Thursday, April 17, 2014

The Cathedral

by Tom Castaldi

A visitor to downtown Fort Wayne would be hard pressed to miss noticing the tall twin cross-topped steeples of the Cathedral of the Immaculate Conception Church that helps shape the city’s skyline.  On closer examination the same visitor might also read the historical marker that stands out front that tells the story of this the oldest church structure in continuous use in the Fort Wayne area. It explains that it was during the 1600s when Christianity was carried to this part of the new world by missionaries.

A major portion of the land was first purchased for a church building in 1831 at the urging of the Reverend Stephen T. Badin, who visited this area between 1830 and 1834 as a missionary to Catholic residents.  In 1835, a chapel was being erected on the block now known as Cathedral Square, but the structures did not have a roof when the first resident pastor, the Reverend Louis Muller, arrived the following year.  The small structure measuring 35 by 65 feet was finally completed in 1840 by the Reverend Julian Benoit and dedicated as St. Augustine’s.  One remaining vestige of that first little church is a limestone statue standing just four feet in height in the Square today dating to the year 1837.  Fr. Benoit acquired additional land to the south where he wanted space for a cemetery, and in 1846 he expanded his vision with the building of St. Augustine’s Academy.  It was the first Catholic school in Fort Wayne. Next he busied himself with the construction of a rectory completed in 1854.
Looking north on Calhoun from Lewis Street--Fort Wayne Post Card
When Fort Wayne was named the seat of a newly created diocese in 1857, Benoit immediately proceeded to draw plans and raise funds for a cathedral.  This Gothic style double-spire structure, 80 by 180 feet, cost $63,000.00, of which Benoit personally raised $46,000.00.  In 1859 the old St. Augustine church was moved to the east side of Cathedral Square, facing Clinton Street, but shortly after was lost in a disastrous fire.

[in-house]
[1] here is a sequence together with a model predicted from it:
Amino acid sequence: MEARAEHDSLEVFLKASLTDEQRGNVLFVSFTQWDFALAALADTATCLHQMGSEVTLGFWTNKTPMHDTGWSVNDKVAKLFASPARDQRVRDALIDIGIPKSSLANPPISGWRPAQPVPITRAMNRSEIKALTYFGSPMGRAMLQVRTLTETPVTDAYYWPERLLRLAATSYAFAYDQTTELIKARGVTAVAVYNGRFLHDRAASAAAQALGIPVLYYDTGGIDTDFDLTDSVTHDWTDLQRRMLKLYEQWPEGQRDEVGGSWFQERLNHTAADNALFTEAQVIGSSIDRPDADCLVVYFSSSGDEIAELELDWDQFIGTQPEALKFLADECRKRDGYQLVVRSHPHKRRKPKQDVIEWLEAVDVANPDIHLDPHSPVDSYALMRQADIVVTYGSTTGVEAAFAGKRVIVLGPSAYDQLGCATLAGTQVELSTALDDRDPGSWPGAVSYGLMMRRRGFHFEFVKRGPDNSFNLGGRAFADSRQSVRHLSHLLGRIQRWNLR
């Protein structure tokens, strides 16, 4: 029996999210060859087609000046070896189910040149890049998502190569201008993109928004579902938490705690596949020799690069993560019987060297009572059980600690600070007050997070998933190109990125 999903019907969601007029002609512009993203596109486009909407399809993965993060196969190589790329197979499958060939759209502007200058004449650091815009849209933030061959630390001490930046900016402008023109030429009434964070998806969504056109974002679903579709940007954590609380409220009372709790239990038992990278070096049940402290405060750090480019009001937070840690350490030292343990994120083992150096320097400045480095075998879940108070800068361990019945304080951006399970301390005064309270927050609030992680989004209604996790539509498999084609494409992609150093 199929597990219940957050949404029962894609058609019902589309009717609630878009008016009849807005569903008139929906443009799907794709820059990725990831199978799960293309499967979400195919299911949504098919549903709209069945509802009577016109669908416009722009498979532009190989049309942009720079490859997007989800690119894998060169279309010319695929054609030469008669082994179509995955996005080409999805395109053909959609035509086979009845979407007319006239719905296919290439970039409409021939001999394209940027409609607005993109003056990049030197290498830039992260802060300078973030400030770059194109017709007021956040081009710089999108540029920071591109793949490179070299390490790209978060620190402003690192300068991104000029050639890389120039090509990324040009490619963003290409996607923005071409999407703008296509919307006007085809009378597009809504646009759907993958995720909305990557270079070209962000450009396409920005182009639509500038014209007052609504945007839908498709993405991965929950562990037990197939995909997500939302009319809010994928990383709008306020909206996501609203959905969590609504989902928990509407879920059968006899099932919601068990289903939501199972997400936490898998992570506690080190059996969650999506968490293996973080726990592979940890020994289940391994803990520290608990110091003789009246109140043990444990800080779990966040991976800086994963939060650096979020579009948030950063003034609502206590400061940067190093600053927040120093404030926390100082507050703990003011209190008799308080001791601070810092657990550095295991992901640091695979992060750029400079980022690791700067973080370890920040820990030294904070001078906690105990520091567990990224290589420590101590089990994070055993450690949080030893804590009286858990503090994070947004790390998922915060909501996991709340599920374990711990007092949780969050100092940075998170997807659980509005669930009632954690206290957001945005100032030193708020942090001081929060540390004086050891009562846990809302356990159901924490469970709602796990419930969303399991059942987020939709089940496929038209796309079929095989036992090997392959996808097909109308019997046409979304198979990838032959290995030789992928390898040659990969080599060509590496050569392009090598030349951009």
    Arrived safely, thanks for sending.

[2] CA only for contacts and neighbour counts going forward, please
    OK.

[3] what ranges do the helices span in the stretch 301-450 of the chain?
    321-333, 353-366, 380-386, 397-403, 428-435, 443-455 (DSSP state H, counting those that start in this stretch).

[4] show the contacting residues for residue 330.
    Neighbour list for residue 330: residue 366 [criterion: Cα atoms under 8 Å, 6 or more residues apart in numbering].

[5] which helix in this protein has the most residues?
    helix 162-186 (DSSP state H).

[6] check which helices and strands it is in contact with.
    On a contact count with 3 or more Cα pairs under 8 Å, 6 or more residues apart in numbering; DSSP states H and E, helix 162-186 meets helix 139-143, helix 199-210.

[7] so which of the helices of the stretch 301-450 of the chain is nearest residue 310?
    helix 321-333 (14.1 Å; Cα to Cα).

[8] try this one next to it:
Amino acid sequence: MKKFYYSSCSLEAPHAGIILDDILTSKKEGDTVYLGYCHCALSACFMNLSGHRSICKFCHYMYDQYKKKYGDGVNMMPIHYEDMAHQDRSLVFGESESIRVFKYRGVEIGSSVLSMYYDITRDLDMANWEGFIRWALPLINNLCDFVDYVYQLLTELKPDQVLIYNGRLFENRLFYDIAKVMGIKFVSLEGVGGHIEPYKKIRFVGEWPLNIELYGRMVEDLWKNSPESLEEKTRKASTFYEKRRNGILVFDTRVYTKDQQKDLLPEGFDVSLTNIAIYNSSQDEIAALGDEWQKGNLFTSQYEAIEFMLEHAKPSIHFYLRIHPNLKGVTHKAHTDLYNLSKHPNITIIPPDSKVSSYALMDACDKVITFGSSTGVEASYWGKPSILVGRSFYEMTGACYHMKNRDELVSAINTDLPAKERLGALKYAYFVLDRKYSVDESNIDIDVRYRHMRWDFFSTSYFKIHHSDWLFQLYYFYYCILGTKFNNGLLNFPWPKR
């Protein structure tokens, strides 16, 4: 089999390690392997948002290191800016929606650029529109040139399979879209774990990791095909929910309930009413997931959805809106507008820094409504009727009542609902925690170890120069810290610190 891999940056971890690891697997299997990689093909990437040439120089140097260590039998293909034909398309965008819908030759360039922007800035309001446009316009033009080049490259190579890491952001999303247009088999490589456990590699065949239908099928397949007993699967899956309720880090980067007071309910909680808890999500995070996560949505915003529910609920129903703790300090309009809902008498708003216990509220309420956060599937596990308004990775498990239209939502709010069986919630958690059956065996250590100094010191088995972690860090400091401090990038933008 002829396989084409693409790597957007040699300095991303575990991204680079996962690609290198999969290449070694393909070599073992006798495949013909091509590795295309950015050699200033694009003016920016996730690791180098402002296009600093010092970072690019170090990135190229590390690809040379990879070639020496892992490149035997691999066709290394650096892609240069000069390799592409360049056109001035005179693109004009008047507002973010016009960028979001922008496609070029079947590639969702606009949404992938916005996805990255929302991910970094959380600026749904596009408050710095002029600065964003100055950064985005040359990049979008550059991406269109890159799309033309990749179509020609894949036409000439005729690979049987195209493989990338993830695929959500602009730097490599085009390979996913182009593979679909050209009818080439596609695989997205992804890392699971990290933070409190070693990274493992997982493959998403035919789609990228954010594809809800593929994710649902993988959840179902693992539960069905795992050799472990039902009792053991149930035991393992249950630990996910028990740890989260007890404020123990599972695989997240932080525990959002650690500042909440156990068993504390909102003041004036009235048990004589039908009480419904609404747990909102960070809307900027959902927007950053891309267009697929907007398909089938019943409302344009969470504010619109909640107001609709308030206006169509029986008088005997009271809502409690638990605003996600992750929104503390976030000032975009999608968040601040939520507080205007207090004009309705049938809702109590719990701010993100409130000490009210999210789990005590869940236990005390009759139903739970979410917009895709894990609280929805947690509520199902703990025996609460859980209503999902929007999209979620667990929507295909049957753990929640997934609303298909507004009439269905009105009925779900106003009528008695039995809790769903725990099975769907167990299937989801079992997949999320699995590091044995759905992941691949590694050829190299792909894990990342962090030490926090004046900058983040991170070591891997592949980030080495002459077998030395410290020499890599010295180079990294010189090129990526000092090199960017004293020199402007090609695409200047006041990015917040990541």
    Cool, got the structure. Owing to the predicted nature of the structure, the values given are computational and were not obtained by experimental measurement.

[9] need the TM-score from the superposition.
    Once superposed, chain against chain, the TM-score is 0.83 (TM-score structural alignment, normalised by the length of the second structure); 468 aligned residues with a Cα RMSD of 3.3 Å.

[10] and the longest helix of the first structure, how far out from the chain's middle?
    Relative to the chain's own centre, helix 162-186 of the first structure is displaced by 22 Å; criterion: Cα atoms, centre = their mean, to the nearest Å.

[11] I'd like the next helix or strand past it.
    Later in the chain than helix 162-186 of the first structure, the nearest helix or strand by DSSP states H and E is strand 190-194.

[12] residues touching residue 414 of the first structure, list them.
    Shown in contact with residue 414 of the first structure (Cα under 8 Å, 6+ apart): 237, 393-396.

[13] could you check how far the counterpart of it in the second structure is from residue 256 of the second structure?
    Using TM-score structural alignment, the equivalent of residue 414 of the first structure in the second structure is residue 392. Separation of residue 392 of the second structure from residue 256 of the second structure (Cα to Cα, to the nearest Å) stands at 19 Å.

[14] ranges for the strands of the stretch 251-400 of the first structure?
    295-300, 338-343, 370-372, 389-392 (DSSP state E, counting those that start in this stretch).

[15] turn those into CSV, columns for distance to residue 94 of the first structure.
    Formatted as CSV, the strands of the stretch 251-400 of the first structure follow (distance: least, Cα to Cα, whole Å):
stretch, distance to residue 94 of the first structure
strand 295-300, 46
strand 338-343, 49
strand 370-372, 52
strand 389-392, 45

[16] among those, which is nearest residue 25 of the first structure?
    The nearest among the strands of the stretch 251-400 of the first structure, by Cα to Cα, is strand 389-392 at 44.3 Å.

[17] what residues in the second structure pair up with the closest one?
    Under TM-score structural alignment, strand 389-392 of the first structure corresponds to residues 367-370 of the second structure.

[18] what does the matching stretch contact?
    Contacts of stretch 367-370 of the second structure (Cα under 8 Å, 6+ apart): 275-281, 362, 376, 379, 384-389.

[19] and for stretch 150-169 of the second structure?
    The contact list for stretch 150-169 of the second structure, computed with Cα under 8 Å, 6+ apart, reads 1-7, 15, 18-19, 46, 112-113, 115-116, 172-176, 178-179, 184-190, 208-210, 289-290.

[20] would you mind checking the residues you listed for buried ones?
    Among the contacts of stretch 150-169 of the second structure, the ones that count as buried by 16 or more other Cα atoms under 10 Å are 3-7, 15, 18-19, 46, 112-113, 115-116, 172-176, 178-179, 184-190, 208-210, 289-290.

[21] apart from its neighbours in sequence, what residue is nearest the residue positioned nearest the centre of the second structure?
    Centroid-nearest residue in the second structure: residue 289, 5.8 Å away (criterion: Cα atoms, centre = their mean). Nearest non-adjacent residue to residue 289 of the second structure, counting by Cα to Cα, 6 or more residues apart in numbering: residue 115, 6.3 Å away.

On December 8, 1860, Bishop John H. Luers, the first bishop of the diocese, presided over the opening of the finished cathedral, then the largest church in Indiana. During the celebration, on the feast day of the Immaculate Conception, the new structure was dedicated as a place to worship God through the intercession of Mary. High above the main entrance in a niche, still prominent to this day, is a ten foot statue of Mary for whom the Cathedral is named. 

Shortly after its completion the Fort Wayne Daily Times reported, “This magnificent edifice … is one of the finest on the continent and altogether the grandest church structure in the West.”  Rev. Julian Benoit continued to serve as pastor to the French- and English-speaking Catholics in Fort Wayne for 44 years.  Upon his death in 1886, he was interred in the nave of the church.

 In the late 1940s, the cathedral was remodeled, and the original brick exterior was faced with stone.  The core of its walls, however, is the oldest of any church in the area.  A second time the Cathedral was closed in 1998 for seven months to conduct a major restoration and renovation project. Appropriately the remodeling included opening up a space for a greater view of the east window in the apse, which is graced with one of the most beautiful stained-glass images to be found anywhere.  It depicts a scene in the life of Mary the Mother of God and was installed during the years 1896 and 1897.  The windows of the cathedral have been described as the finest of their kind in the western hemisphere.

On the grounds of Cathedral Square is a second marker erected in 1942 by the Mary Penrose Wayne Chapter of the Daughters of the American Revolution. It recalls Jean Baptiste De Richardville, who was born in 1761. Richardville served as the chief of the Miamis who knew him as Pechewa a name that means “Wildcat.” He was known by his fellow Miamis for his courage and business abilities.   When he died in 1841, he was buried near the base of the old St. Augustine Church. 
Chief Richardville Marker in Catholic Cemetery on  Lake Sreet

A visitor to Fort Wayne scanning the skyline notices the defining shape of the twin spires.  As the two steeples high above form an outline, directly ahead, the viewer gazes upon the land that helped form Fort Wayne history.

Fort Wayne Monthly “Along the Heritage Trail with Tom Castaldi” – Dec 2009 No. 61

Allen County Historian Tom Castaldi is author of the Wabash & Erie Canal Notebook series; hosts “On the Heritage Trail,” which usually airs at 6:35 a.m., 8:35 a.m. and 6:30 p.m. Mondays on WBOI, 89.1 FM; and “Historia Nostra” heard on WLYV-1450 AM and WRRO 89.9 FM. Enjoy his previously published columns on the History Center’s blog, “Our Stories,” at history

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